Extreme Networks Leaders On Networking M&A Activity And How AI Will ‘Drastically Change’ The Relationship Between Vendors, Partners

Extreme President and CEO Ed Meyercord and Nabil Bukhari, chief product and technology officer, speak with CRN about how AI and GenAI are shaping Extreme’s strategy, recent networking M&A activity -- including the Cisco-Splunk acquisition and the pending HPE-Juniper deal -- and how Extreme’s ‘One Network, One Cloud’ approach is helping the specialist stand out.

Extreme Networks, a networking player that may be smaller from a revenue perspective compared with some of the networking market heavyweights, can’t be counted out.

The company that’s proven to be a mighty rival thanks to its loyal base of channel partners, enterprise and large-venue customers, including many of the major NFL and MLB stadiums, was once again dubbed a Leader in the most recent Gartner Magic Quadrant for Enterprise Wired and Wireless LAN Infrastructure report among Cisco Systems, Hewlett Packard Enterprise and Juniper Networks. Speaking of the competition, with the networking industry in flux as evidenced by Cisco’s $28 billion acquisition of Splunk and the pending deal between HPE and Juniper Networks, Extreme is making hay of what it calls the market “confusion” by doubling down on its winning strategy and not getting distracted, the companies top leaders told CRN ahead of its annual Extreme Connect user conference this week.

Extreme took to the event to highlight some impressive modern connectivity use cases, including one customer that’s bringing connectivity to remote areas such as the Amazon. The company also unveiled Extreme Labs, a new hub for research, development and innovation in networking.

Extreme President and CEO Ed Meyercord and Nabil Bukhari, Extreme’s chief product and technology officer, spoke with CRN about the new value chain that AI presents to networking vendors and channel partners and laid out how AI is shaping Extreme’s strategy this year. The executives also spoke candidly about what the recent networking M&A activity—namely, the Cisco-Splunk acquisition and the pending HPE-Juniper deal—means for Extreme, and how Extreme’s “One Network, One Cloud” approach is helping the specialist stand out.

What follows are excerpts from the conversation.

How are networking trends like AI shaping Extreme’s strategy?

Meyercord: This is a really exciting time in networking. Networking is effectively a cloud service today. Security, with the enterprise becoming distributed [because of] COVID and then [with] more devices on the network and the challenges of a cloud-driven network, is moving rapidly to the cloud. We have purpose-built AI tools in our network and now generative AI is on the scene and it’s creating all kinds of new opportunities for us. These are the areas [in which] we’re investing, and we’re moving very fast. The major themes are [with] this convergence of networking and security and generative AI tools, how can we work with all these amazing customers doing amazing things in various geo[graphies] and verticals to help them accelerate?

We’re building the future together. We have a very healthy mix of partners, and all of our initiatives are together with our partners. As we look at the solutions that we’re building and we look at the technology, particularly as it relates to AI, we [now] have Extreme Labs. Here again, this is us working together with partners and new technology as it relates to AI, and our AI experts, that’s going to be in the lab. This is a collaboration with Extreme and partners and ecosystem partners where we’re open and we’re sharing [and] we’re investing. It’s very much a joint effort with us and our partners.

Bukhari: The relationship between the vendors and partners is going to drastically change with technologies like AI. If you produce an AP [access point] and a switch and you give it to the partner to rack and stack it, that was a value chain that has existed in networking for a long period of time, but with technologies like AI, that’s going to have to get reformed. The way to think about this is that as vendors, our core strength is innovation and technology and building that core platform. The partners are the ones that are closest to the customer. So, when you put those two things together, that is when you really deliver that value of AI [with] customized, specific use cases for customers. That’s what Extreme Labs is. Extreme Labs is our internal innovation center where we are working on technologies that are really in the hype cycle, like AI. Late last year, we decided that we [were] doing this innovation ourselves, but we want to pull in our channel partners as well as our ecosystem partners. So, we created this program called Extreme Labs. Now, we’re announcing it publicly. But underneath that umbrella, this is what we do. We are putting in our ecosystem partners like Microsoft, Intel … and we’re building this core technology and including them in there. But then we have also our channel partners, and the logic there is that not only are we providing products like Extreme AI Expert that the users can do directly, we’re [also] introducing an entire AI studio and AI core platforms that our partners can then build AI services on top. And that is just absolutely unique. There’s nobody else that is doing it and we’re investing a lot of money in doing that. We currently have a big innovation challenge going on with our channel partners and they’re co-developing with us. To me, the value chain of the future when it comes to AI is there are big [large language model] providers, then there are vendors like us that will build an AI platform on it and then enable our partners to deliver those super precise AI applications to the end customers. That’s the value chain. And I think in that direction, we are farther along than anybody else.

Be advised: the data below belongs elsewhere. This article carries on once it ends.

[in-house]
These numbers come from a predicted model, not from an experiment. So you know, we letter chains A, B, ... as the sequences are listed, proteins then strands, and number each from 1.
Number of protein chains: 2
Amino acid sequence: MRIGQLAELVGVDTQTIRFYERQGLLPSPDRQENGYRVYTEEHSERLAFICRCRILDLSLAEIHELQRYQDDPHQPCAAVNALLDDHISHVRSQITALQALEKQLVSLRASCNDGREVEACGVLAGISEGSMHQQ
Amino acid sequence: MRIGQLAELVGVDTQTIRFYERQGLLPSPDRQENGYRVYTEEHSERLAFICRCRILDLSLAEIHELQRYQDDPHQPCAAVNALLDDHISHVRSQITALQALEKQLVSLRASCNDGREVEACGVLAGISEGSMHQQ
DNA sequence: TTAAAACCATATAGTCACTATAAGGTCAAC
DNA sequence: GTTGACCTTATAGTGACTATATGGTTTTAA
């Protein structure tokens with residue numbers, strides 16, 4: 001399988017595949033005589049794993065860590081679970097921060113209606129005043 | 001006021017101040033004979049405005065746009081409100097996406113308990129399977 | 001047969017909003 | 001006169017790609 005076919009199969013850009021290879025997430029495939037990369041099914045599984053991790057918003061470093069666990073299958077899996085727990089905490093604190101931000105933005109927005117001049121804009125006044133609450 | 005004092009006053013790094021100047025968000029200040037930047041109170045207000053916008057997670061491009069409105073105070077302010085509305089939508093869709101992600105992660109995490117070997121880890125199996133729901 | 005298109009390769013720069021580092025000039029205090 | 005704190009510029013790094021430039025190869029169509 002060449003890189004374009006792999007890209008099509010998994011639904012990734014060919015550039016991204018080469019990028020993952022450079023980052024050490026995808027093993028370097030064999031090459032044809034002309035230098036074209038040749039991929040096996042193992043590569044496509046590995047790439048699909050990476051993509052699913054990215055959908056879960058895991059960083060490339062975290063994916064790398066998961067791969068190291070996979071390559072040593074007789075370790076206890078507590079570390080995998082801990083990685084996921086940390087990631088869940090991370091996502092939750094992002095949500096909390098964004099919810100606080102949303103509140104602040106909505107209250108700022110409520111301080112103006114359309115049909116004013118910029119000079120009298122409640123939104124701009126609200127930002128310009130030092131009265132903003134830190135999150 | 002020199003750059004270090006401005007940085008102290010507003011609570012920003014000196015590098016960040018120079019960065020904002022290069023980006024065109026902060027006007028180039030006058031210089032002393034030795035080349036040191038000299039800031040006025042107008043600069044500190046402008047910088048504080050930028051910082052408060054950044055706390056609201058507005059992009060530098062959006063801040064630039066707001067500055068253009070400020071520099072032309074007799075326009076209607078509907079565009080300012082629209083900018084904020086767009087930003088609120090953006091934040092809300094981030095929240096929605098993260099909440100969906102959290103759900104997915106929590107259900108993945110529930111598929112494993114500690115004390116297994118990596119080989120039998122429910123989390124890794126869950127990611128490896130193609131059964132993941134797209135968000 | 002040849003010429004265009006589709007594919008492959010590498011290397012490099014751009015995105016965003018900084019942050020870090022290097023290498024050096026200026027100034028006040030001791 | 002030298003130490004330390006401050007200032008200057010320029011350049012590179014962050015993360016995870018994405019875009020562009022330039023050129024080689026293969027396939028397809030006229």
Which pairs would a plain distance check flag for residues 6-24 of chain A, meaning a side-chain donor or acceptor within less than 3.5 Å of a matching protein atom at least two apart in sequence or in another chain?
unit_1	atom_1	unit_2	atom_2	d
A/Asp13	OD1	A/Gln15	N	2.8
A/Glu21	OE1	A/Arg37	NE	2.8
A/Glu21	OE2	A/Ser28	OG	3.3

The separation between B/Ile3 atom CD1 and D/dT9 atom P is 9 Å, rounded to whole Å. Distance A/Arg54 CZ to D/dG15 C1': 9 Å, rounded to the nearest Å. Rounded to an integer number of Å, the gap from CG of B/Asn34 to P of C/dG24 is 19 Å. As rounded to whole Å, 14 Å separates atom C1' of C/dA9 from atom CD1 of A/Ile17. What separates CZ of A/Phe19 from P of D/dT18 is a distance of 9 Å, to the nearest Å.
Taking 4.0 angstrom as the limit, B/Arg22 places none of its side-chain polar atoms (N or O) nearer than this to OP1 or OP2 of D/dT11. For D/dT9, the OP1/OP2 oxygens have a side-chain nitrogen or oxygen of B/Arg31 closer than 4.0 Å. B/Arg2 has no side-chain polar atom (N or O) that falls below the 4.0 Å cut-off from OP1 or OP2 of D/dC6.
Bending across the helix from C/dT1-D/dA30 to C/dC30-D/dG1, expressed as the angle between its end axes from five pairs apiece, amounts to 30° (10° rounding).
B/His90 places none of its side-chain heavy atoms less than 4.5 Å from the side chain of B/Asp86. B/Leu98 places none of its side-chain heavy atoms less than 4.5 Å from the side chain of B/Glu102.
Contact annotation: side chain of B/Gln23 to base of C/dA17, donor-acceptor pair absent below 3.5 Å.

What does the recent M&A activity -- the Cisco-Splunk acquisition and the pending HPE-Juniper deal -- mean for Extreme?

Bukhari: While there’s a lot of progress in terms of technology, there’s a lot of confusion when you look at the vendor space in networking. The top one is a little busy with its massive acquisition of Splunk, and then No. 2 and No. 3, while brilliant companies, they have a long road ahead of them in trying to figure out what they want to be, which essentially translates to risk. It’s risk for not only the customers, but risk for partners. They might not be in that space where they were previously before all these changes in the vendor landscape. We are right now the company in networking. Our vision is clear, our execution is clear. We’re not distracted with some acquisition or something else. I feel that’s translating into a lot of interest from the broader partner space as well. We are the only ones with the least risk. That’s the feedback that we’re getting from the broader partner base. And it’s a unique opportunity for us.